In the contemporary discourse on exile, flight and asylum, a particular controversy and dilemma has emerged around the notion of the self and the other: On the one hand, the right to asylum is seen by many as an indispensable component of human rights, which in turn they see as the very foundation and essence of their collective self. What’s more, many people share the core social value of hospitality and insist to welcome “the other” unconditionally, without expecting direct or even delayed reciprocity for helping in need. On the other hand, the fear of losing power, prosperity and eventually the own cultural identity as a consequence of immigration has a strong impact on our democratic choices. There may be sufficient wealth to ensure peaceful lives for the current electorate, but is there enough to share with “the other”? Can our values and social contracts survive the advent of the other? How do the self and the other evolve throughout this encounter? Has the self-image ever been honest?

The conference The Other is Oneself accompanies and departs from the exhibition of the same title and expands on the far-reaching dialectic of “the self ” and “the other” along several dimensions.
It aims to span a space of thought that encompasses a diverse array of experiences, analyses, perspectives and approaches, articulated by artists, politicians, government and NGO professionals, and scholars across the social sciences, humanities and legal disciplines.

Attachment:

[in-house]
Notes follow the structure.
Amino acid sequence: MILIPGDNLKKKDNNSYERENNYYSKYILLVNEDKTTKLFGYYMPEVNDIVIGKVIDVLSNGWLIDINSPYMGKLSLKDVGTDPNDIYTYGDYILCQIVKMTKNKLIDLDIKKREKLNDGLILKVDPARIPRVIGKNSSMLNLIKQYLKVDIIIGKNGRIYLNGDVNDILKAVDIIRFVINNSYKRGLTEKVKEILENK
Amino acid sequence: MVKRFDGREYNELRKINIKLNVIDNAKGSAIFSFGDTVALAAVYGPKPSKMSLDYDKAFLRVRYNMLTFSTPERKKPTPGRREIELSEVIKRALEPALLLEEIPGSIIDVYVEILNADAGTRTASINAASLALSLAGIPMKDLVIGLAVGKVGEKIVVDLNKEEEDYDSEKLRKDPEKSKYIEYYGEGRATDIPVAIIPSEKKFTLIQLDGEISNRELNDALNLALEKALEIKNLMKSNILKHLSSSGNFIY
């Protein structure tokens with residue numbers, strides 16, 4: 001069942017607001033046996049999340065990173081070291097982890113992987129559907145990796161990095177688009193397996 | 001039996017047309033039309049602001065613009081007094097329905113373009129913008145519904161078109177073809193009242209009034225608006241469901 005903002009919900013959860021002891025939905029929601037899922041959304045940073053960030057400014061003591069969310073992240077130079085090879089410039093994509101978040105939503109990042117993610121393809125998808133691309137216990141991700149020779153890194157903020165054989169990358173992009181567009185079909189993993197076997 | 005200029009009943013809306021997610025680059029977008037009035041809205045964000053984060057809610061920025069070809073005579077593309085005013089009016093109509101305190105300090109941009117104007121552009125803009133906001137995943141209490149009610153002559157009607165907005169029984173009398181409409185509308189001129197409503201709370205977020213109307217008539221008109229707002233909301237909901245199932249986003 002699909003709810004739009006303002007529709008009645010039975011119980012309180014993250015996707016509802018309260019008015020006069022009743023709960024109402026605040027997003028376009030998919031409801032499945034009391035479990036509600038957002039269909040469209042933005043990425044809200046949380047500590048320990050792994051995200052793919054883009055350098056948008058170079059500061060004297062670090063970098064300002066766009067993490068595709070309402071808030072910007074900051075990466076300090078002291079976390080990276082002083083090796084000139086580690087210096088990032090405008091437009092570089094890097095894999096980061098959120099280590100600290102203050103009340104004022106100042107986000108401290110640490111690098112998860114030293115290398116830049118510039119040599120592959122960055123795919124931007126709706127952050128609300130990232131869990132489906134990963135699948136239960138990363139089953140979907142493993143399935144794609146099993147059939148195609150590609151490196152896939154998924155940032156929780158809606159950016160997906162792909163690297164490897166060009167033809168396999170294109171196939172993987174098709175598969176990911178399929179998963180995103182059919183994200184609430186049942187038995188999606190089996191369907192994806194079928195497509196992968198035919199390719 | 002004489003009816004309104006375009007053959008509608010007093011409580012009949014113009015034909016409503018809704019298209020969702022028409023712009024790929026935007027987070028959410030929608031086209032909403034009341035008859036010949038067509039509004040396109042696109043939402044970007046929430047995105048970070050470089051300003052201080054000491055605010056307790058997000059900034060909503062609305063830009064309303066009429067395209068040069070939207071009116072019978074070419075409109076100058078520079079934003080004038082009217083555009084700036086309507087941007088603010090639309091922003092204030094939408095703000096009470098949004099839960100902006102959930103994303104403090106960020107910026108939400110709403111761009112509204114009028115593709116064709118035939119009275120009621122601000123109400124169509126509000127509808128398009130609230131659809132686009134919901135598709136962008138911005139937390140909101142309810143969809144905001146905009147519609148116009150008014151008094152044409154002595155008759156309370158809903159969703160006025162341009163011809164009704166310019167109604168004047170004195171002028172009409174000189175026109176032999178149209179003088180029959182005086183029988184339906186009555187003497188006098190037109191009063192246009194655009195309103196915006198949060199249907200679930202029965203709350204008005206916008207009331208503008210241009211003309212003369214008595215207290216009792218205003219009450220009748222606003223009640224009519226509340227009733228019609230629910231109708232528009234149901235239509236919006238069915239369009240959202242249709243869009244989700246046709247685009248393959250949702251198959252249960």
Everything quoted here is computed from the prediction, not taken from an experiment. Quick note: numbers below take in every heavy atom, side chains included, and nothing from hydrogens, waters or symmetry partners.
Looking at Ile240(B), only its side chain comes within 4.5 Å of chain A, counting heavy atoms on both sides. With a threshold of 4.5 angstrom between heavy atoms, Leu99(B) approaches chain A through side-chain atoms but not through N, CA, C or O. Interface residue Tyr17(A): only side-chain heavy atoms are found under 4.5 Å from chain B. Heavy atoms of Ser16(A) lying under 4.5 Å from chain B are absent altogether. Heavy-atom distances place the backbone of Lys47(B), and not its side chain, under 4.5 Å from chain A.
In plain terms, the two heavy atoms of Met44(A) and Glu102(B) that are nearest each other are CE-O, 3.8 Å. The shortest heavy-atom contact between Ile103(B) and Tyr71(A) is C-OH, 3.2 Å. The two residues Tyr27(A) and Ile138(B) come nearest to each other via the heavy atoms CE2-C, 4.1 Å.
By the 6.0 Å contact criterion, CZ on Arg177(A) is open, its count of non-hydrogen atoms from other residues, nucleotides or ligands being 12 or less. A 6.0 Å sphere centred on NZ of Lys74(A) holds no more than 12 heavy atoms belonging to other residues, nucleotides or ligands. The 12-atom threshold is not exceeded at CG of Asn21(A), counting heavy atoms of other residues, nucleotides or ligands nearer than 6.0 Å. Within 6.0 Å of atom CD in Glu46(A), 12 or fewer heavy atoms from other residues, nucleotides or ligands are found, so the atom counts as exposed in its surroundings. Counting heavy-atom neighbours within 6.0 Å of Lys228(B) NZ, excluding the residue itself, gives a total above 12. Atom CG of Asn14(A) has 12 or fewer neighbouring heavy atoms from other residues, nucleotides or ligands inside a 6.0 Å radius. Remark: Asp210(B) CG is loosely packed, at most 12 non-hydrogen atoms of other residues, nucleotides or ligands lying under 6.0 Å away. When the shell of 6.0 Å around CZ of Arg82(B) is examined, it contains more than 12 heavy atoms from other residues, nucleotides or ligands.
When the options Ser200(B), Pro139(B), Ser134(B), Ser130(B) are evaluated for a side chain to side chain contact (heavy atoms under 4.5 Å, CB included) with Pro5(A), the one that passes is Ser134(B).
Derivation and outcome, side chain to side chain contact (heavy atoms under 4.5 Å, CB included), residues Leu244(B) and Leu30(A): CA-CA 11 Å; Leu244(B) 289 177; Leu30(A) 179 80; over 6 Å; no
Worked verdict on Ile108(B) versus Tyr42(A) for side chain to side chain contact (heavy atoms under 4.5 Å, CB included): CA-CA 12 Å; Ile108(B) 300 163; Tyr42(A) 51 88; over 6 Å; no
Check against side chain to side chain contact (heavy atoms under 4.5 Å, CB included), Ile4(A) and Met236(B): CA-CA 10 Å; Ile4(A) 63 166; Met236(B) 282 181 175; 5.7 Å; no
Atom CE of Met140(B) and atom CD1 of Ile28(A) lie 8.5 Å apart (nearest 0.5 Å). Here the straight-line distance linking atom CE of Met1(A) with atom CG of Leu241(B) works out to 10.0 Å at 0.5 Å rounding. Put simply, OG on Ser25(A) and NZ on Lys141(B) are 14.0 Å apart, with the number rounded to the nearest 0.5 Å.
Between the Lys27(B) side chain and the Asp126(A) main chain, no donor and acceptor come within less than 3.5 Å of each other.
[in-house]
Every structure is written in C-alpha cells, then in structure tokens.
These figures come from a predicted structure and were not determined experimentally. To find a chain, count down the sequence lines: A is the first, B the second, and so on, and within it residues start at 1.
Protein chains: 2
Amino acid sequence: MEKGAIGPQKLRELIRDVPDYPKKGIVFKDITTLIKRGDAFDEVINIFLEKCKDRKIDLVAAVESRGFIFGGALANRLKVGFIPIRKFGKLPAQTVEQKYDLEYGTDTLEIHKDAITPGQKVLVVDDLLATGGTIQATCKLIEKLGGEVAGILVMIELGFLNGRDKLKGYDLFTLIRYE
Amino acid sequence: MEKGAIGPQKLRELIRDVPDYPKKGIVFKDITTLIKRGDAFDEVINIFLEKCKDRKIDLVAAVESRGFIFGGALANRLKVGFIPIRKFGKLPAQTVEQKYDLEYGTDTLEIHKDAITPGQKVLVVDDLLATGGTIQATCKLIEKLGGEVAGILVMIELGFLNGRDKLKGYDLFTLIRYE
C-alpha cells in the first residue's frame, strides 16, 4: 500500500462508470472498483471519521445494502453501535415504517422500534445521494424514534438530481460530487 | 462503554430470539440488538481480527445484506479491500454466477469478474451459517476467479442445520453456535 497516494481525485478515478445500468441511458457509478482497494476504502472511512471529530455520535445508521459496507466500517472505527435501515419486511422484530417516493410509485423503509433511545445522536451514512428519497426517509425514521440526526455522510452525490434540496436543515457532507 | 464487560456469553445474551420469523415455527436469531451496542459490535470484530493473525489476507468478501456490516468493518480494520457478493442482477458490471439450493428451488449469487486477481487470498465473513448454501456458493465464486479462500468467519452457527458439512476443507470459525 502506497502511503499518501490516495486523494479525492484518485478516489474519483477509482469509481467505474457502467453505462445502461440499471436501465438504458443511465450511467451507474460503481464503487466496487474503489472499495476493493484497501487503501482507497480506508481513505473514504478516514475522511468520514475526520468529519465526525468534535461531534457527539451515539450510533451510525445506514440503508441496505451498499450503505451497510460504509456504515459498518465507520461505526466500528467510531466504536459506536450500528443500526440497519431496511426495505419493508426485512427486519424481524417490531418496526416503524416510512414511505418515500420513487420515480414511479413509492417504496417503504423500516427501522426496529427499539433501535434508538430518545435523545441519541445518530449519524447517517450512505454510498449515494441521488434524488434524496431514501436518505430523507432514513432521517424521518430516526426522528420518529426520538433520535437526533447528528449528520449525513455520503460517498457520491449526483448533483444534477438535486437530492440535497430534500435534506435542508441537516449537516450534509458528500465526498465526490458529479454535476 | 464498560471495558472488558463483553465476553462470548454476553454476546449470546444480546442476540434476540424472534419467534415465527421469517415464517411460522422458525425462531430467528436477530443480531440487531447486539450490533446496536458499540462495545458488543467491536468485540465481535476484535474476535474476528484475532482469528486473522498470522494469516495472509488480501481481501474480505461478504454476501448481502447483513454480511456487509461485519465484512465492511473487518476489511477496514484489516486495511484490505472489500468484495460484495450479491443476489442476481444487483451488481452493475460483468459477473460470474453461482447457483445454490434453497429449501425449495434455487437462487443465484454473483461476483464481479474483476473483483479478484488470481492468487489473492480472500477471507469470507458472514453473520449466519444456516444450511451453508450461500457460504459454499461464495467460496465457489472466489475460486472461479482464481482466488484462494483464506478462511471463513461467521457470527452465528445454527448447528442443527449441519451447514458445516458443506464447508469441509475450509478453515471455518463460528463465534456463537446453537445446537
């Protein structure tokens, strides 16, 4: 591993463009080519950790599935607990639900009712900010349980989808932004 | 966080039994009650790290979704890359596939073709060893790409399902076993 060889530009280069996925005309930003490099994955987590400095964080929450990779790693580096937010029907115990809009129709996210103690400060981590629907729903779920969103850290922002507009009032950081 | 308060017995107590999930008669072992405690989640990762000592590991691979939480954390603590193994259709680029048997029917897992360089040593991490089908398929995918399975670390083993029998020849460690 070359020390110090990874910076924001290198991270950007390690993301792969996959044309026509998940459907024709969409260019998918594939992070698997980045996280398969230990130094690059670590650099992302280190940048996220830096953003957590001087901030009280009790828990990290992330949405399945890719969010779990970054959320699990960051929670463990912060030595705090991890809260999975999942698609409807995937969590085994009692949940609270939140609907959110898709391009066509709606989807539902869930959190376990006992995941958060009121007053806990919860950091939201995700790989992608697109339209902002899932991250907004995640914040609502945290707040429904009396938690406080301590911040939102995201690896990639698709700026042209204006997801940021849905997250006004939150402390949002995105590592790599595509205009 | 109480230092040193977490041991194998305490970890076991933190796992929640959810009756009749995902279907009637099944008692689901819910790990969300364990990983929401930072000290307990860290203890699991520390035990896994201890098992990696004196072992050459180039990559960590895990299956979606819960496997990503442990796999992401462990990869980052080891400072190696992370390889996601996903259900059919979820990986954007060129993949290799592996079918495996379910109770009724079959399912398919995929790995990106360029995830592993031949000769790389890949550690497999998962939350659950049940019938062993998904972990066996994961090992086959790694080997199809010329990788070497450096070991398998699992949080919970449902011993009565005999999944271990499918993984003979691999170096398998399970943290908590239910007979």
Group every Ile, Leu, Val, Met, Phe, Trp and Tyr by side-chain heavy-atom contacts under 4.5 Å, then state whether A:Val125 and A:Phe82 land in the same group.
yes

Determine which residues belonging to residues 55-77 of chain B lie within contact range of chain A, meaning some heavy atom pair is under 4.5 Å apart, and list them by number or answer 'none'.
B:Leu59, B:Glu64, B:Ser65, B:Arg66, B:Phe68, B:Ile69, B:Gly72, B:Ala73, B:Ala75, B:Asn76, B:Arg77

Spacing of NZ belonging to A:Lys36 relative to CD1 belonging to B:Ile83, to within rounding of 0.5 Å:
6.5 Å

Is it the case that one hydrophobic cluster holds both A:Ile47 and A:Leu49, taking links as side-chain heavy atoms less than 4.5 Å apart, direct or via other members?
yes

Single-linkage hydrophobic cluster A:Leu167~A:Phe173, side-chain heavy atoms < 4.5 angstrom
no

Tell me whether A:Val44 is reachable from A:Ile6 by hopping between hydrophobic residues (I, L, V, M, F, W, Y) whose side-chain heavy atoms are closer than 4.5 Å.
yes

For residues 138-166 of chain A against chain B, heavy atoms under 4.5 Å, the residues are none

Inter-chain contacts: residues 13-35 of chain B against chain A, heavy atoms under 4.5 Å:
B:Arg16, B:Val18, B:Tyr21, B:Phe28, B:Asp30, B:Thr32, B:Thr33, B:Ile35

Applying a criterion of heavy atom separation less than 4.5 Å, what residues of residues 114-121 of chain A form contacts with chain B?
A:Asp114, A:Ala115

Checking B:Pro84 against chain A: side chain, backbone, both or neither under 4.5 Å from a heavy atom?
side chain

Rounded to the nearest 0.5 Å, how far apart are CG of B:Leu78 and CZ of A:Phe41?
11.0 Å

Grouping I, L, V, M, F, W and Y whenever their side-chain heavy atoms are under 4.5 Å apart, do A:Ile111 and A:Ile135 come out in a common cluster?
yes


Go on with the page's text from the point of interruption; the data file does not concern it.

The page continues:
Many of the conference participants embody personal histories that involve around the always transforming, frequently humiliating and all too often traumatizing experiences of migrating, of seeking asylum, of being forced to flee. To be displaced from a familiar social fabric and to find oneself dropped into the thin air of goodwill of an alien community amounts to a total existential challenge, individually and collectively. Under sufficiently positive circumstances, this challenge can lead to tremendous personal and collective growth and mutual learning — on all sides. All too often, however, this potential is drowned in a swamp of resentment, frustration, shame and fear, long before it has had a chance of unfolding. Looking into the long-term future of humankind, beyond acute crises and emergencies, it will remain a key determinant of our histories-to-come, how we collectively learn from past failures in averting the catastrophe of being forced to flee, and in understanding the tensions amidst both, the migrating and sedentary populations, that migration inevitably exposes.